Acknowledging all aspects of health and safety

Though it’s often described as something separate to physical health, mental health is another important aspect that needs to be considered. Employers are already investing more in worker wellbeing than ever before. But could the workplace be designed around mental as well as physical health in the future?

According to inclusivity consultant and behavioural scientist Dr Pragya Agarwal, physical workspace design can affect our mental wellbeing. This can range from the quality of air and lighting in a space to the colours used to paint its walls. The colour green can enhance our mood, for example, while poor lighting can cause eye strain, headaches and tiredness, all of which can contribute to a low mood.

While policies on handwashing, taking staggered lunches and wearing face coverings have been introduced in recent months, future health and safety policies could cover areas of wellbeing, too.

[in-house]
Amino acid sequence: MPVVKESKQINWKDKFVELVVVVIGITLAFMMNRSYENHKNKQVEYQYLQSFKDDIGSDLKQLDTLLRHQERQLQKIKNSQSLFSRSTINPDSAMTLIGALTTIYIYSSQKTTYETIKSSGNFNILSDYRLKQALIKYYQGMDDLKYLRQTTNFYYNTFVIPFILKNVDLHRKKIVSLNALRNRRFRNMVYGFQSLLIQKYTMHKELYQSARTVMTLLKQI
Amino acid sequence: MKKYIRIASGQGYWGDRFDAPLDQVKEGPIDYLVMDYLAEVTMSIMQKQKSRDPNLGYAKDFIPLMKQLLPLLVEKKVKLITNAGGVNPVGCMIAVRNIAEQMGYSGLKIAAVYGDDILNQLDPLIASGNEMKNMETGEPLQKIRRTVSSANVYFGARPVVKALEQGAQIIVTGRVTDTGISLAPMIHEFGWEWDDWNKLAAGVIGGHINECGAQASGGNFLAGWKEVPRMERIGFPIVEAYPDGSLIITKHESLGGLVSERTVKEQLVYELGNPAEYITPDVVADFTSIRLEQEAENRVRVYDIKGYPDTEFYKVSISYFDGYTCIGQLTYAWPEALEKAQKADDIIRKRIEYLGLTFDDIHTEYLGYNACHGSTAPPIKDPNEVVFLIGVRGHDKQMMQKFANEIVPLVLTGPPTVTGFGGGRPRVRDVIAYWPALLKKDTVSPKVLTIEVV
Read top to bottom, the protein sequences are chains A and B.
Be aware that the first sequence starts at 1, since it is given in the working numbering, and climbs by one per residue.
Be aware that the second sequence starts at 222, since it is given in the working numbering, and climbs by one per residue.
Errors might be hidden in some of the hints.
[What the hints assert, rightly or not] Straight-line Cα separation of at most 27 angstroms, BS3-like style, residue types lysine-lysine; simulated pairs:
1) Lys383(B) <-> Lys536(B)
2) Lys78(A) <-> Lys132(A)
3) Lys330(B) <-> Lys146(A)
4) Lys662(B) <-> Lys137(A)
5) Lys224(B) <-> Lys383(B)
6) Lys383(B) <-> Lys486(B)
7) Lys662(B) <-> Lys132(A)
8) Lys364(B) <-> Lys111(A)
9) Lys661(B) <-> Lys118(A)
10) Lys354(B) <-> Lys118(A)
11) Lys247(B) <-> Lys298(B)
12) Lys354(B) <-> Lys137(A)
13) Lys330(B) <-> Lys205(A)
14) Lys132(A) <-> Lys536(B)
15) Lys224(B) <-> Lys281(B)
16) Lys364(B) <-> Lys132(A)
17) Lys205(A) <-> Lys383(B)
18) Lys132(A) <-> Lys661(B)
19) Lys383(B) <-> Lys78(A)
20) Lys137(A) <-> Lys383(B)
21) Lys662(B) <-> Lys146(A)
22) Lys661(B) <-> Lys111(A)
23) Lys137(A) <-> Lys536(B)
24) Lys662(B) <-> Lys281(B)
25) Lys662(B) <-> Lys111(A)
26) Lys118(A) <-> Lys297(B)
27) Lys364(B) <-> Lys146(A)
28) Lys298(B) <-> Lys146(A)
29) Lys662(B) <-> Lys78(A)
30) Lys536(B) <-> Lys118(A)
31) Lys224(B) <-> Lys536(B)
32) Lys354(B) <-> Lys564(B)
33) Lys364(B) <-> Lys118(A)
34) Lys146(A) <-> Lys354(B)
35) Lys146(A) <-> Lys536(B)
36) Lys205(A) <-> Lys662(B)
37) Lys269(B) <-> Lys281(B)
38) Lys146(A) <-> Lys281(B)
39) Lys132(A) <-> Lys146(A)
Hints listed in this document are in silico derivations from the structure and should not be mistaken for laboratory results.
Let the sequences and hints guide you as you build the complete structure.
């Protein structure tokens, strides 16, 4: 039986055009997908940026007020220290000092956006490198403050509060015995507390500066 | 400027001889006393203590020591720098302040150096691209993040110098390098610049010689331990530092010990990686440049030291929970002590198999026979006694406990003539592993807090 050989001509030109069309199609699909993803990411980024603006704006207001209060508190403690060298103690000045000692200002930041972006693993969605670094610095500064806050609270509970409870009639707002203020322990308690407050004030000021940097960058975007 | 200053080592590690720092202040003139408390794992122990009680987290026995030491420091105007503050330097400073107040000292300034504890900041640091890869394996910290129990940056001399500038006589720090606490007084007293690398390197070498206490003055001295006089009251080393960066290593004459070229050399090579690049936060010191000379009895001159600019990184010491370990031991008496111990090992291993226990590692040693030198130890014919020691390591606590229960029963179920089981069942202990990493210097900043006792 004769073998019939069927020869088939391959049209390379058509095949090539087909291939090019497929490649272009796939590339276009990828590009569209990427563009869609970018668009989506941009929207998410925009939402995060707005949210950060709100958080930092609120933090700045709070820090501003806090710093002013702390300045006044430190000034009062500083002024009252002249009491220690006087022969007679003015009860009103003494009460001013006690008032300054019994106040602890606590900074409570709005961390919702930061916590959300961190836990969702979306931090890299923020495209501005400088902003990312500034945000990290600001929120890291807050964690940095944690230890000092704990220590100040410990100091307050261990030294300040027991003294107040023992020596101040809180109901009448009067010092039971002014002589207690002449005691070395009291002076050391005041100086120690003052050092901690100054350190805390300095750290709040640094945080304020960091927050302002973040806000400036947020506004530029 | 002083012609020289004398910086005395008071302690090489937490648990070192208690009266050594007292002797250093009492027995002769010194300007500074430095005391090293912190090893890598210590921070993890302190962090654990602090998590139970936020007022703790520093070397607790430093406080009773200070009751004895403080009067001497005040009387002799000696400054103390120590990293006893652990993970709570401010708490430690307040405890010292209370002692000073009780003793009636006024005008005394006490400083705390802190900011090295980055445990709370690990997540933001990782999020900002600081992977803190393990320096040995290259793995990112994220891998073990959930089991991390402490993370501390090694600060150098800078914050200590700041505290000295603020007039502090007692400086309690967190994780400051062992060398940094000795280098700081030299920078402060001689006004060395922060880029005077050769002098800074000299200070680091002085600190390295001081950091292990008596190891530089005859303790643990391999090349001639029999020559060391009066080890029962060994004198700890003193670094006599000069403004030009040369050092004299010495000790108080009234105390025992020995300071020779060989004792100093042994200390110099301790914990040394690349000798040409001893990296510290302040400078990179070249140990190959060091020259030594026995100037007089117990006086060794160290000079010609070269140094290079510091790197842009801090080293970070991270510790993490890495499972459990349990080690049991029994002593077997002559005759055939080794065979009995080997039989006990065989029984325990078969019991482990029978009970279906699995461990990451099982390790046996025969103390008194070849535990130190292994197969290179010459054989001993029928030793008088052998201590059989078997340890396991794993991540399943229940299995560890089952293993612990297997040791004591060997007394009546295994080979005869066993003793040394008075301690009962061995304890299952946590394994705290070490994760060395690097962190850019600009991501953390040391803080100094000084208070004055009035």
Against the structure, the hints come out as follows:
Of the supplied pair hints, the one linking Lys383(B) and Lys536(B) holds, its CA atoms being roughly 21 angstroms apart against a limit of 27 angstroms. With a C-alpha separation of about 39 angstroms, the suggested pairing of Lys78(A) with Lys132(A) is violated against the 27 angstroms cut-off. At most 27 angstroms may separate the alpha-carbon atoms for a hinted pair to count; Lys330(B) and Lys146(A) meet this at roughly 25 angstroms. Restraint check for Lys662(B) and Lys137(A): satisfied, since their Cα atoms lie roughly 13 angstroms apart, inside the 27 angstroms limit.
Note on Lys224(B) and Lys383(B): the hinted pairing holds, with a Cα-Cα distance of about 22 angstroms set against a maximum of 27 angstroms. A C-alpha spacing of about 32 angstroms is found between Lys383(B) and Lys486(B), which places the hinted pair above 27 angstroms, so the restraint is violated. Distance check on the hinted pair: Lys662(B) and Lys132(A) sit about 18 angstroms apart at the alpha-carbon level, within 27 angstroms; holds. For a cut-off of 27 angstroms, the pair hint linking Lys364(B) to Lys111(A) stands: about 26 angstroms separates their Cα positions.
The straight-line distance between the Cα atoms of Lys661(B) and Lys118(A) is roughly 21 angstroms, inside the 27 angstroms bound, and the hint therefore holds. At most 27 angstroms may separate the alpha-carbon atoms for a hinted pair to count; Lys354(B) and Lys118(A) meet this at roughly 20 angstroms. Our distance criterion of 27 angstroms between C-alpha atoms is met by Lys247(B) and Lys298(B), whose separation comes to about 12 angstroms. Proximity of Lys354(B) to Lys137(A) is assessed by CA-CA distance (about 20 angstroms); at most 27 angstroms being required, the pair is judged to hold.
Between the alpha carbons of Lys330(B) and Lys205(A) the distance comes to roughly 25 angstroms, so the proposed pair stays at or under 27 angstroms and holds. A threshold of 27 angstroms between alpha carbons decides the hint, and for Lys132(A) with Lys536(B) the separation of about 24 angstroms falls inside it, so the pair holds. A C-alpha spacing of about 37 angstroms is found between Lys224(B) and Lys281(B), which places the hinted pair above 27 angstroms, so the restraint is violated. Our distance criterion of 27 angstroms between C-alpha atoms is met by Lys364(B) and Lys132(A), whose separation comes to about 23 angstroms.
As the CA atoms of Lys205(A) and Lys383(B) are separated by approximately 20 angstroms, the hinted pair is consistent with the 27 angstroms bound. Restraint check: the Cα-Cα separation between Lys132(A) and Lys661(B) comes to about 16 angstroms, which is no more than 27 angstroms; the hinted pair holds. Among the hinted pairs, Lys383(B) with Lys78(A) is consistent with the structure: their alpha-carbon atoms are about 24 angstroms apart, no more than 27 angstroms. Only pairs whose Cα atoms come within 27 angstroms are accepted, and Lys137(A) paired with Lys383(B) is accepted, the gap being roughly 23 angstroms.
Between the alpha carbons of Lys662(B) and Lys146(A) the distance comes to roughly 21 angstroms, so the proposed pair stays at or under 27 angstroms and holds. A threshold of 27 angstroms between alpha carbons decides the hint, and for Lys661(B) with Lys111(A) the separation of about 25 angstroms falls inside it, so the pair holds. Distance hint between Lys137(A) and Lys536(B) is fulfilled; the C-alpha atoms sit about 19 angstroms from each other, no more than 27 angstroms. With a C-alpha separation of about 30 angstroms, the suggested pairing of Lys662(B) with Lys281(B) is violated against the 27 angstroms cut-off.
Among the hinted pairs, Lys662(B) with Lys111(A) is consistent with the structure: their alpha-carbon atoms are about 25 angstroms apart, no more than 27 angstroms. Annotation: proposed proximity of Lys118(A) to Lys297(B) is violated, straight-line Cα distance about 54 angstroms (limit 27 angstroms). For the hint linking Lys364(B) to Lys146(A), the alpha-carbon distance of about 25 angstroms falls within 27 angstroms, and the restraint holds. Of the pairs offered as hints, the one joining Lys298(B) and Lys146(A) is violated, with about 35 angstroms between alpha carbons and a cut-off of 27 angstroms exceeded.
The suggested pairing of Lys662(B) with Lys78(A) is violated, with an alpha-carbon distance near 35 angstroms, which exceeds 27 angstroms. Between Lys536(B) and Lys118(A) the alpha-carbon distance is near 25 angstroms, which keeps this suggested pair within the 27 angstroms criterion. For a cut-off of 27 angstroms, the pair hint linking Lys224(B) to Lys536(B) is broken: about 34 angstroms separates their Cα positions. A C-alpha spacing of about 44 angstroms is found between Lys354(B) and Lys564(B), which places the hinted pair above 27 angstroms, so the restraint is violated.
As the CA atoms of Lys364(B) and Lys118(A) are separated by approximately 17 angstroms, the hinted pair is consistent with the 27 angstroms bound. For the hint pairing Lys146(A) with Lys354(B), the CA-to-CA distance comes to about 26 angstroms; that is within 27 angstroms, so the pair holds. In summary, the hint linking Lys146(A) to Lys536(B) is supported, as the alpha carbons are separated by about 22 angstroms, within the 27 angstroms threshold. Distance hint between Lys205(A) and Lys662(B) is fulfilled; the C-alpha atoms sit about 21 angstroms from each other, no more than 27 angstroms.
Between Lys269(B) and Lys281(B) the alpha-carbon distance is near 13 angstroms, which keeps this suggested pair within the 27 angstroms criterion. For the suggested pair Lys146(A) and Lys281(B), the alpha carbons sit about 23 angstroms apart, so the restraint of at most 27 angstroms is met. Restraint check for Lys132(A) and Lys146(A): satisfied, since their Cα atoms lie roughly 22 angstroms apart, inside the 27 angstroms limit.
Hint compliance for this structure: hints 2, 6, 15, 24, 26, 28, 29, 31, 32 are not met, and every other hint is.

Many workers are currently missing the camaraderie and socialising that typically takes place in an office. Will this still be able to happen in a building strict on health and safety?

Neary of Sonica proposed that workplaces of the future will be “hybrid cultural bases that provide people with flexibility and maintain collaboration, sociability and a sense of community”. He added that the pandemic has made it clear that working from home doesn’t always outweigh the benefits on offer at a “well-nurtured” workplace.

“[The pandemic] has offered us an opportunity to reimagine the role of the office in a post-Covid world and nurture the benefits that were a by-product of the traditional office,” he said. “If we want to deploy real estate in new ways, to make the office experience better than it was before, the time to do that is now.”

Lisa Ardill
By Lisa Ardill

Lisa Ardill joined Silicon Republic as senior careers reporter in July 2019. She has a BA in neuroscience and a master’s degree in science communication. She is also a semi-published poet and a big fan of doggos. Lisa briefly served as Careers Editor at Silicon Republic before leaving the company in June 2021.